Gimlet eye and gimlet cocktail

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The term gimlet eye has an interesting origin, though it has nothing to do with the gimlet cocktail. We will examine the definition of the terms gimlet eye and gimlet cocktail, where they came from and some examples of their use in sentences.

To have a gimlet eye or to cast a gimlet eye means to stare at someone or something in a piercing manner, or to stare in an extremely watchful manner. The term gimlet eye is derived from the gimlet, a small piercing or boring tool first used in the mid-1300s. The term gimlet eye came into use in the mid-1700s. The adjective form is gimlet-eyed. Note that the adjective is hyphenated, while the noun form, gimlet eye, is not hyphenated.

A gimlet cocktail is composed of gin and lime juice, with some variations. This concoction was invented in the latter 1800s by the British Naval Surgeon Rear-Admiral Sir Thomas Desmond Gimlette, as a method to combat scurvy.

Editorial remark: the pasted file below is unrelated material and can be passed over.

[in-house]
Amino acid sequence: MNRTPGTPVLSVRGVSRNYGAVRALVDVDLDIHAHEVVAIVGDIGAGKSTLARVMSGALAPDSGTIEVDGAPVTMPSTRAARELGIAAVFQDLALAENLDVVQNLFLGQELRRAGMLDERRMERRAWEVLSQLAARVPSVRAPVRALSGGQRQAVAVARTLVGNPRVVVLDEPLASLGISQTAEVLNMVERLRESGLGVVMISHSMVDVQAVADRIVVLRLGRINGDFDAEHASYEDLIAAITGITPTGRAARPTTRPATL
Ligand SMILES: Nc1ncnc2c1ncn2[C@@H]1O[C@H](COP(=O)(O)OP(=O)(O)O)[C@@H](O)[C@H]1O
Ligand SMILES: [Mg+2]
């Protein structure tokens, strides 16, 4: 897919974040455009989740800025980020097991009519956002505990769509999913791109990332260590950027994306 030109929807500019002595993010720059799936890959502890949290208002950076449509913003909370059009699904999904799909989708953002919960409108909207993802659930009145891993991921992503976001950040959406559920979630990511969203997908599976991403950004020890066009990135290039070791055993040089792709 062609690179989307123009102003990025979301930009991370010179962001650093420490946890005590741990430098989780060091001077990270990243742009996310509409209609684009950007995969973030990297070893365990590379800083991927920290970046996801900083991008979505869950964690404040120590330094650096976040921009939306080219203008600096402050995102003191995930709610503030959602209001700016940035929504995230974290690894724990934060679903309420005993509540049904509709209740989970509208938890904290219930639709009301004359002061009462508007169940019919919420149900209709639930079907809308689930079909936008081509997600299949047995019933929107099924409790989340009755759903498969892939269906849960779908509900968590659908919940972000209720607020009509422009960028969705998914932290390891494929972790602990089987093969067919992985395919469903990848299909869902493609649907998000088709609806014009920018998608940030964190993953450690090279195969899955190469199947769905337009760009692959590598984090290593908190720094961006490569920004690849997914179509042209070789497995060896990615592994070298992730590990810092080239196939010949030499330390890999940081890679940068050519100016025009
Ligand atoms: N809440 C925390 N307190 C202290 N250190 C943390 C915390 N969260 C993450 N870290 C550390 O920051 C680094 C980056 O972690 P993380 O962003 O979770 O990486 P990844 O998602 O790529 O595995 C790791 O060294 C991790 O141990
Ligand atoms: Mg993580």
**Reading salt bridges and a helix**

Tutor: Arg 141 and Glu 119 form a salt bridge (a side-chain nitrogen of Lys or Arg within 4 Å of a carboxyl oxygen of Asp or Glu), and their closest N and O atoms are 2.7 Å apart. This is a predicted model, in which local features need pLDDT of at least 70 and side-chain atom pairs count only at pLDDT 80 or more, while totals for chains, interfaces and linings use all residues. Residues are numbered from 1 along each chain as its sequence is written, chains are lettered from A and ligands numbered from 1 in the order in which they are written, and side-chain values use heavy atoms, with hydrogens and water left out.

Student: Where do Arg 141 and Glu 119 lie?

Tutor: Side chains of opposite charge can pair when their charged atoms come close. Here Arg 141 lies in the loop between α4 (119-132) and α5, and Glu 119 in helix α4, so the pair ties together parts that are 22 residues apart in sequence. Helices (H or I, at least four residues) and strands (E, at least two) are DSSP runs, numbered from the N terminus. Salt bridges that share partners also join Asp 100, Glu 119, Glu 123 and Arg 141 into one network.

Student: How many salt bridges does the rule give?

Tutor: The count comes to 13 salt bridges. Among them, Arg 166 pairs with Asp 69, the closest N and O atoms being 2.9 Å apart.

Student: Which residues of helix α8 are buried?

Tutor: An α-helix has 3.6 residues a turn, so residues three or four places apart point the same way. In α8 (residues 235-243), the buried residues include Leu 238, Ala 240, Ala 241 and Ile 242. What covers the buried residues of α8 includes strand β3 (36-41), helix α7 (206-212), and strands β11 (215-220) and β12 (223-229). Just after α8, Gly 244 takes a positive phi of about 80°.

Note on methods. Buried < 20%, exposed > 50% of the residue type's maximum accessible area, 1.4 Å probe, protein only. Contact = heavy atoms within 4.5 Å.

There also needs to be a “come to Jesus moment,” she said, with looking at the instructor roster and compensation models with a gimlet eye. (The Roanoke Times)

Under the gimlet eye of a rising half-moon, cowboys and cowgirls will gather ‘round the campfire to swap stories and sing songs and roast marshmallows at the Barracks this weekend. (The Sonoma Index-Tribune)
Since her 2005 solo debut, this Swedish synth scientist has released razor-edged records that combine electro experimentation with gimlet-eyed observations. (Rolling Stone Magazine)
A gimlet is like an old friend: always there when you need it, regardless of how much time has passed since you last called upon it. (The Tasting Table Magazine)